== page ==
Yasiel Puig messes up but earns redemption in Dodgers’ wild 9-5, 17-inning victory over Padres
By 7:30 p.m., five hours and 47 minutes after this absurdity of a game started, the sun had already set behind Petco Park. The Dodgers had emptied the bench and the bullpen across 17 innings. Now, with the final out recorded, the team convened in the center of the diamond to celebrate a 9-5 victory over the Padres.
Just moments before, the sprinklers in right field came alive. No one, especially not the grounds crew, expected the game to last this long.
“There were a lot of things that happened today that you don’t see,” Manager Dave Roberts said. “That rarely ever happens.”
How preposterous was the afternoon? J.P. Howell swung a bat. Clayton Kershaw was used as a pinch-hitter. The Dodgers (22-23) sent nine pitchers to the mound. Ross Stripling, who was scheduled to start Tuesday at Dodger Stadium, logged the last three innings.
The lineup took 65 at-bats, most of them wasted, some of them tantalizing, a few truly productive. After puzzling his team with his passivity on the bases in the ninth, Yasiel Puig broke the 5-5 deadlock with a two-run single in the 17th, spurring a four-run rally.
Items that could dominate the conversation on a normal day turned into footnotes. Kenta Maeda labored through five innings in another confounding start; he carried a no-hitter into the fifth, then gave up four runs. Justin Turner provided a tying pinch-hit homer in the seventh. Kenley Jansen was conquered by Melvin Upton Jr. for the second time in three days, this time on an RBI triple that tied the score in the eighth.
The day stripped the roster bare and left the Dodgers exhausted. A.J. Ellis, the 35-year-old backup catcher, caught all 17 innings. Chase Utley, the 37-year-old second baseman, recorded out after out in the field. Howie Kendrick, the 32-year-old infielder, hit his first home run of the season, a solo shot in the eighth for a short-lived 5-4 lead.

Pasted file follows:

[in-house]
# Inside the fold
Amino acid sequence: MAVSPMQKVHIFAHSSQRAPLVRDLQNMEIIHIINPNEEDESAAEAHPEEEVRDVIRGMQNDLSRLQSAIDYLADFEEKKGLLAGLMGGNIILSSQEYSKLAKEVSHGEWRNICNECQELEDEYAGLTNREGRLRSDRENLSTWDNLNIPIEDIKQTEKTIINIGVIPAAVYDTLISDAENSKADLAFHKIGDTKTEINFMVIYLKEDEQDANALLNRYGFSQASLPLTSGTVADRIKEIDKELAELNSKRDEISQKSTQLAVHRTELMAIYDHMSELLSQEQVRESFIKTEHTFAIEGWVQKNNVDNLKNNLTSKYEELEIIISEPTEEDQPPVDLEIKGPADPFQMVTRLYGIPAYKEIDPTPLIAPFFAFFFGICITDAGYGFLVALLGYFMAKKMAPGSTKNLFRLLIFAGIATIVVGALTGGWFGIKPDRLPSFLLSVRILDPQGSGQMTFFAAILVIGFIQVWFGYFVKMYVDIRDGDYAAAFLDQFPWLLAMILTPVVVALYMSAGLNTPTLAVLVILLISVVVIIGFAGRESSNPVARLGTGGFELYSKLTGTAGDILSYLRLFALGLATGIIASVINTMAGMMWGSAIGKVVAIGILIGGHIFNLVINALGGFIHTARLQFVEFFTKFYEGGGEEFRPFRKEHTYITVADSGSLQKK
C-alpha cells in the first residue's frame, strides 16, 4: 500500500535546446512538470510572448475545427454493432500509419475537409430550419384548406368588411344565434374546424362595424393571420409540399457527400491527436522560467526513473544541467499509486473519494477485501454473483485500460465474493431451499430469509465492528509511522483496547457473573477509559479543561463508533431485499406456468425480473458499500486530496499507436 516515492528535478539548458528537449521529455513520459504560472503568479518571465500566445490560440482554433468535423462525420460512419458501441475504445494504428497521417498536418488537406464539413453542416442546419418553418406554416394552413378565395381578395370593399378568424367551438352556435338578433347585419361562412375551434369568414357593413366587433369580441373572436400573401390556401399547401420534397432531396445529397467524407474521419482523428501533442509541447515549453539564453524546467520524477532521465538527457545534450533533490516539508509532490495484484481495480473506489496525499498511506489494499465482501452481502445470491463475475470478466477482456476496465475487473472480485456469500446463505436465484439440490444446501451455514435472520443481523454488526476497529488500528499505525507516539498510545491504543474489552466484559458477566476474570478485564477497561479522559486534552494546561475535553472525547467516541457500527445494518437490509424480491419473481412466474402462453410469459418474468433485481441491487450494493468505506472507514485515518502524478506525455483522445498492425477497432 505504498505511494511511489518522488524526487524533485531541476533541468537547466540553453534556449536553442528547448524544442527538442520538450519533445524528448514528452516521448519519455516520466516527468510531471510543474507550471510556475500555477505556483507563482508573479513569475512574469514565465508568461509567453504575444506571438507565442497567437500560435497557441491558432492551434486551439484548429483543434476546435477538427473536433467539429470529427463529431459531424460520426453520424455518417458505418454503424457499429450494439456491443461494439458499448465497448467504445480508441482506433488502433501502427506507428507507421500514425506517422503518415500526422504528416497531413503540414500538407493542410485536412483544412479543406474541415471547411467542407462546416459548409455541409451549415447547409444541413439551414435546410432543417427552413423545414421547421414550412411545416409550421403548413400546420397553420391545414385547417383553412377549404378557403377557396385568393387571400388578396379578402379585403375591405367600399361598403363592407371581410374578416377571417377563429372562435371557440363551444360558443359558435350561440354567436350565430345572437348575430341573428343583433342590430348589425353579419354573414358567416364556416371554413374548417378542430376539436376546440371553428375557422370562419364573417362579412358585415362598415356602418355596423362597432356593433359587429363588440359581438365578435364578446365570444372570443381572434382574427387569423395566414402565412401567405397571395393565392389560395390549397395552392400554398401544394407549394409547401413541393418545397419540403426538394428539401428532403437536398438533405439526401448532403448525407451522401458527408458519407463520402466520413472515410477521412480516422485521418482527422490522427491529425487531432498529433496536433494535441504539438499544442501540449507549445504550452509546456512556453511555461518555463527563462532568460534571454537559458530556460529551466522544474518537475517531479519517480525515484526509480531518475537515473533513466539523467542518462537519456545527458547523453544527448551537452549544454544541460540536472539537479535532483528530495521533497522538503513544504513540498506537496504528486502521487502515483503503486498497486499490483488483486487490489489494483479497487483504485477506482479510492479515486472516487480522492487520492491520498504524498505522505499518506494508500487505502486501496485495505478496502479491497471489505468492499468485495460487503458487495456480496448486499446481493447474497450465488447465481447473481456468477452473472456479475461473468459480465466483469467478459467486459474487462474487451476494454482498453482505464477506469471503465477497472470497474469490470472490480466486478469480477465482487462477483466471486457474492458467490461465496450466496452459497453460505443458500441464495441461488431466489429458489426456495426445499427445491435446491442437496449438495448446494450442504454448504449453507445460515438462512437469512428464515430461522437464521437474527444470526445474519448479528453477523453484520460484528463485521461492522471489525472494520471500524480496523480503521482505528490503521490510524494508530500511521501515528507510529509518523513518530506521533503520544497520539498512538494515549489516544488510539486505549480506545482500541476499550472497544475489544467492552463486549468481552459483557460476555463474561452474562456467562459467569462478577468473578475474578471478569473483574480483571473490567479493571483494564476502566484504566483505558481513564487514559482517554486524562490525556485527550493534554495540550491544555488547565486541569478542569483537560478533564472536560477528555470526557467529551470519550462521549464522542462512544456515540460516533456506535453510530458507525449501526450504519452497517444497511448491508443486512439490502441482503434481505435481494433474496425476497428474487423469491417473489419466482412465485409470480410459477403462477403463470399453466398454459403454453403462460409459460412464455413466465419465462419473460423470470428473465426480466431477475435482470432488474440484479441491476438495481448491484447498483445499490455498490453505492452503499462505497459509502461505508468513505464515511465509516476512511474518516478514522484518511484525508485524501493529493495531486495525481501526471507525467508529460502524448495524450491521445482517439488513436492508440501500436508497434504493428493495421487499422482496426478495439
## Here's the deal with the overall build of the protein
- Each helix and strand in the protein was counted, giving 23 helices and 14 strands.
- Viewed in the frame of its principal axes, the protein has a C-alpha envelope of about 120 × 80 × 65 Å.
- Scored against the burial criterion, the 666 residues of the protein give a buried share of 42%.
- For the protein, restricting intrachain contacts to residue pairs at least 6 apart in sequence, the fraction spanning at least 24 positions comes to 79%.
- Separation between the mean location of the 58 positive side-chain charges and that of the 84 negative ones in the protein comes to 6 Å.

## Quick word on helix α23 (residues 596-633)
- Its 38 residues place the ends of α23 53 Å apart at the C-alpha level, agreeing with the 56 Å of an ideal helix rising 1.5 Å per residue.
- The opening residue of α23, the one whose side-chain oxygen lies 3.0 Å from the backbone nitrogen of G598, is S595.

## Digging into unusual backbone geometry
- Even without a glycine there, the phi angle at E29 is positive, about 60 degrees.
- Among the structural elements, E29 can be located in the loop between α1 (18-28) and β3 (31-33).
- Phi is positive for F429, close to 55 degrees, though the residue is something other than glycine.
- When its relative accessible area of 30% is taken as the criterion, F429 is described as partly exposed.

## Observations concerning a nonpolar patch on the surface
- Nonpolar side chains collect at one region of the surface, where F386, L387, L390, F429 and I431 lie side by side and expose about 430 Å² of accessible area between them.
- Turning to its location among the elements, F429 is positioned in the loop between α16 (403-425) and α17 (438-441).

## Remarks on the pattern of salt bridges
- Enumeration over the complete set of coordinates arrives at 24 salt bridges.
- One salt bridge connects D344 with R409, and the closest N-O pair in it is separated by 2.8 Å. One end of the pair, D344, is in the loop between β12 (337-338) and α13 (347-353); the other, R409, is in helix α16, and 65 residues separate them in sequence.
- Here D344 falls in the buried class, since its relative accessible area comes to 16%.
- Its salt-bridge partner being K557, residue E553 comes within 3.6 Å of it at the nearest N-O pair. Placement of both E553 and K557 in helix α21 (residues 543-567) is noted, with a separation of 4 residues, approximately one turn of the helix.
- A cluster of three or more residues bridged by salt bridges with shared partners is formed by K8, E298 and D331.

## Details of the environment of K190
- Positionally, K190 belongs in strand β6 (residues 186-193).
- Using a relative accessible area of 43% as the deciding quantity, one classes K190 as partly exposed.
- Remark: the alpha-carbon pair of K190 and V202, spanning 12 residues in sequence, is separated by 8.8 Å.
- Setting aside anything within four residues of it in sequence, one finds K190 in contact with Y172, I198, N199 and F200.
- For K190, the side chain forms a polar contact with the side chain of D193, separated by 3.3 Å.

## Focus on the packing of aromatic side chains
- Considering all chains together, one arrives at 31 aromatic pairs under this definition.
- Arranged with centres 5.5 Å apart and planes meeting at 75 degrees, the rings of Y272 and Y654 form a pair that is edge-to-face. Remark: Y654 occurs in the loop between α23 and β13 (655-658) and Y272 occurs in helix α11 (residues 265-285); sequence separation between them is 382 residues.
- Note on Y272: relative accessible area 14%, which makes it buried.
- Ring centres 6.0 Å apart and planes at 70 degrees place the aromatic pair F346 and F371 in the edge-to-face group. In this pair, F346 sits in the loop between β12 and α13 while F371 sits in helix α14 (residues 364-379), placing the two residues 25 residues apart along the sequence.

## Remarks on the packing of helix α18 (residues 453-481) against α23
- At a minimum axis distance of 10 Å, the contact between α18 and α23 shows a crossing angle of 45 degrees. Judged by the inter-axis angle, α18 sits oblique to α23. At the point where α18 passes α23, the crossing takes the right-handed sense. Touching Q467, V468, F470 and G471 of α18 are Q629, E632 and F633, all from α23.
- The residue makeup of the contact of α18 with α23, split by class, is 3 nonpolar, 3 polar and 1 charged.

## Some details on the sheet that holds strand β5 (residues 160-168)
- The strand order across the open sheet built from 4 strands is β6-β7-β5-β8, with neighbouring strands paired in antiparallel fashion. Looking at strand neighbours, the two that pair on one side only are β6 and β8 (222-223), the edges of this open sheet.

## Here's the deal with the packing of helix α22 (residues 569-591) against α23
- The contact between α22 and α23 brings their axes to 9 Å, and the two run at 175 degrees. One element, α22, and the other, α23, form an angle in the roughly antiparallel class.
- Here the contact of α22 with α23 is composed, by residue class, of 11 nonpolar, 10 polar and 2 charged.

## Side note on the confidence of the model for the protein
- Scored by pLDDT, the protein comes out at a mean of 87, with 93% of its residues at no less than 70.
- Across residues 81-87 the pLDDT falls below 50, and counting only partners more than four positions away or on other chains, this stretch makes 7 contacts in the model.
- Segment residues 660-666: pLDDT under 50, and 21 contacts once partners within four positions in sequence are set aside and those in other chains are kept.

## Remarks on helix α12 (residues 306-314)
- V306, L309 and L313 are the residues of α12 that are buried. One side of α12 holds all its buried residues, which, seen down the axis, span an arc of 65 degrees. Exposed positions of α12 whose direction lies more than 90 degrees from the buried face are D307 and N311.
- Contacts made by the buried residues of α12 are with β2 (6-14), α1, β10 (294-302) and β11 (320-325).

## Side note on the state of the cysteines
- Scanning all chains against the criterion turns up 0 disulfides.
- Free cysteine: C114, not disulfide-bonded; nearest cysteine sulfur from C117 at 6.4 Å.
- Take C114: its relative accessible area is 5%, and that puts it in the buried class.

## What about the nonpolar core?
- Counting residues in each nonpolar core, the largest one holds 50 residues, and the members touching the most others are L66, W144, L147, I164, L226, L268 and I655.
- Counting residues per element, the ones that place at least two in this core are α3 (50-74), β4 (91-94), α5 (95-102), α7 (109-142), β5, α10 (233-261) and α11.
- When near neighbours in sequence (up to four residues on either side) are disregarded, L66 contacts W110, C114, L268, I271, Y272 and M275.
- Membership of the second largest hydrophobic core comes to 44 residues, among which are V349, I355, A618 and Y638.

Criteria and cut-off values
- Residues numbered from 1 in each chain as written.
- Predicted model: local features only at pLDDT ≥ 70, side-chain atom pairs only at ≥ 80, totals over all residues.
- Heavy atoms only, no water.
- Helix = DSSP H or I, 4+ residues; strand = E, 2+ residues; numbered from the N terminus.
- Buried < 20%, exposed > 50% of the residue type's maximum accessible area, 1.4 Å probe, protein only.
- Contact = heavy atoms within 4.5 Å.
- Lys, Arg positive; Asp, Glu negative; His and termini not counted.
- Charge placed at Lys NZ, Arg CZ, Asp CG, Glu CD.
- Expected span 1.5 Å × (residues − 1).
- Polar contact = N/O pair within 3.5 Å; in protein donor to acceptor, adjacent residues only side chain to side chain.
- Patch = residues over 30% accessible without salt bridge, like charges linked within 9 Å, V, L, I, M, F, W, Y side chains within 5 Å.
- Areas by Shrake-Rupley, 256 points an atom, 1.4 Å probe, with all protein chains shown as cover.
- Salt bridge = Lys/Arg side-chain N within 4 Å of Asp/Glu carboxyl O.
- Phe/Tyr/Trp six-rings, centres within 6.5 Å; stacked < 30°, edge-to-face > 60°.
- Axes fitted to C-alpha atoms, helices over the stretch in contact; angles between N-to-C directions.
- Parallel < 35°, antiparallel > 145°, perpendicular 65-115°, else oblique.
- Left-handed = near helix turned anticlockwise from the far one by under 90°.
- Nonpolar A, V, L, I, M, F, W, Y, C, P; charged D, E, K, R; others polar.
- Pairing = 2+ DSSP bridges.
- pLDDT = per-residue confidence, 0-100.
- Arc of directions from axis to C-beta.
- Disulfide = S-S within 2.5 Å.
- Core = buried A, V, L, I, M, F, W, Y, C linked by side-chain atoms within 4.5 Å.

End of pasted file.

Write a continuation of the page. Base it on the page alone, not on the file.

“To a man, everyone contributed today,” Roberts said. “For us, it’s something I believe is really going to propel us.”
The Dodgers snapped a four-game losing streak, then boarded buses bound for Los Angeles and planned to regroup. Roberts was unsure who would start Tuesday’s game. He lacked a detailed explanation for why Chin-Hui Tsao, a reliever who gifted San Diego a walk-off walk to decide Saturday’s 11-inning Padres victory, spent the entirety of Sunday in the dugout.
Then in the ninth, Puig baffled his teammates with his baserunning. After Puig led off with a single and took second base on a wild pitch, A.J. Ellis laid down a bunt. The would-be sacrifice forced the third baseman to make a play, clearing a path for Puig to run to third.
Instead, he stayed anchored at second base as the shortstop ran to cover third and Ellis was thrown out at first.
“I got confused,” Puig said.
What confused him?
“I just didn’t run,” he said.
As he ran to first, Ellis threw up his hands as Puig stayed put. “Come on!” he said. Roberts had a similar reaction in the dugout.
Puig did not miss a sign, Roberts said. There was no sign. He just expected Puig to read the play in front of him.
“We all have our moments of mental errors,” Ellis said. “The thing that’s great about Yasiel, and for all of us, is you can learn from it, and be aware of it the next time you’re in that situation.”
But Puig was still at second base when Carl Crawford hit a fly ball to left. The Dodgers could not capitalize.
As the game headed to extra innings, pitching coach Rick Honeycutt told Stripling to be ready. Stripling went to the clubhouse to loosen up. He ventured to the bullpen in the 10th, and watched the relievers keep San Diego off the board.
For the offense, the final innings felt like torture. Howell struck out in the 13th. The Dodgers loaded the bases with none out in the 14th, only to watch the opportunity disappear when Crawford hit into a 4-2-3 double play. Kershaw advanced a runner to third base in the 15th, but Joc Pederson flied out to end the inning.
“We needed that,” Stripling said. “To steal one here, to be in a game like that, where things aren’t going well, and we could have easily not taken it seriously. We all came together as a team.”
Get our high school sports newsletter
Prep Rally is devoted to the SoCal high school sports experience, bringing you scores, stories and a behind-the-scenes look at what makes prep sports so popular.
You may occasionally receive promotional content from the Los Angeles Times.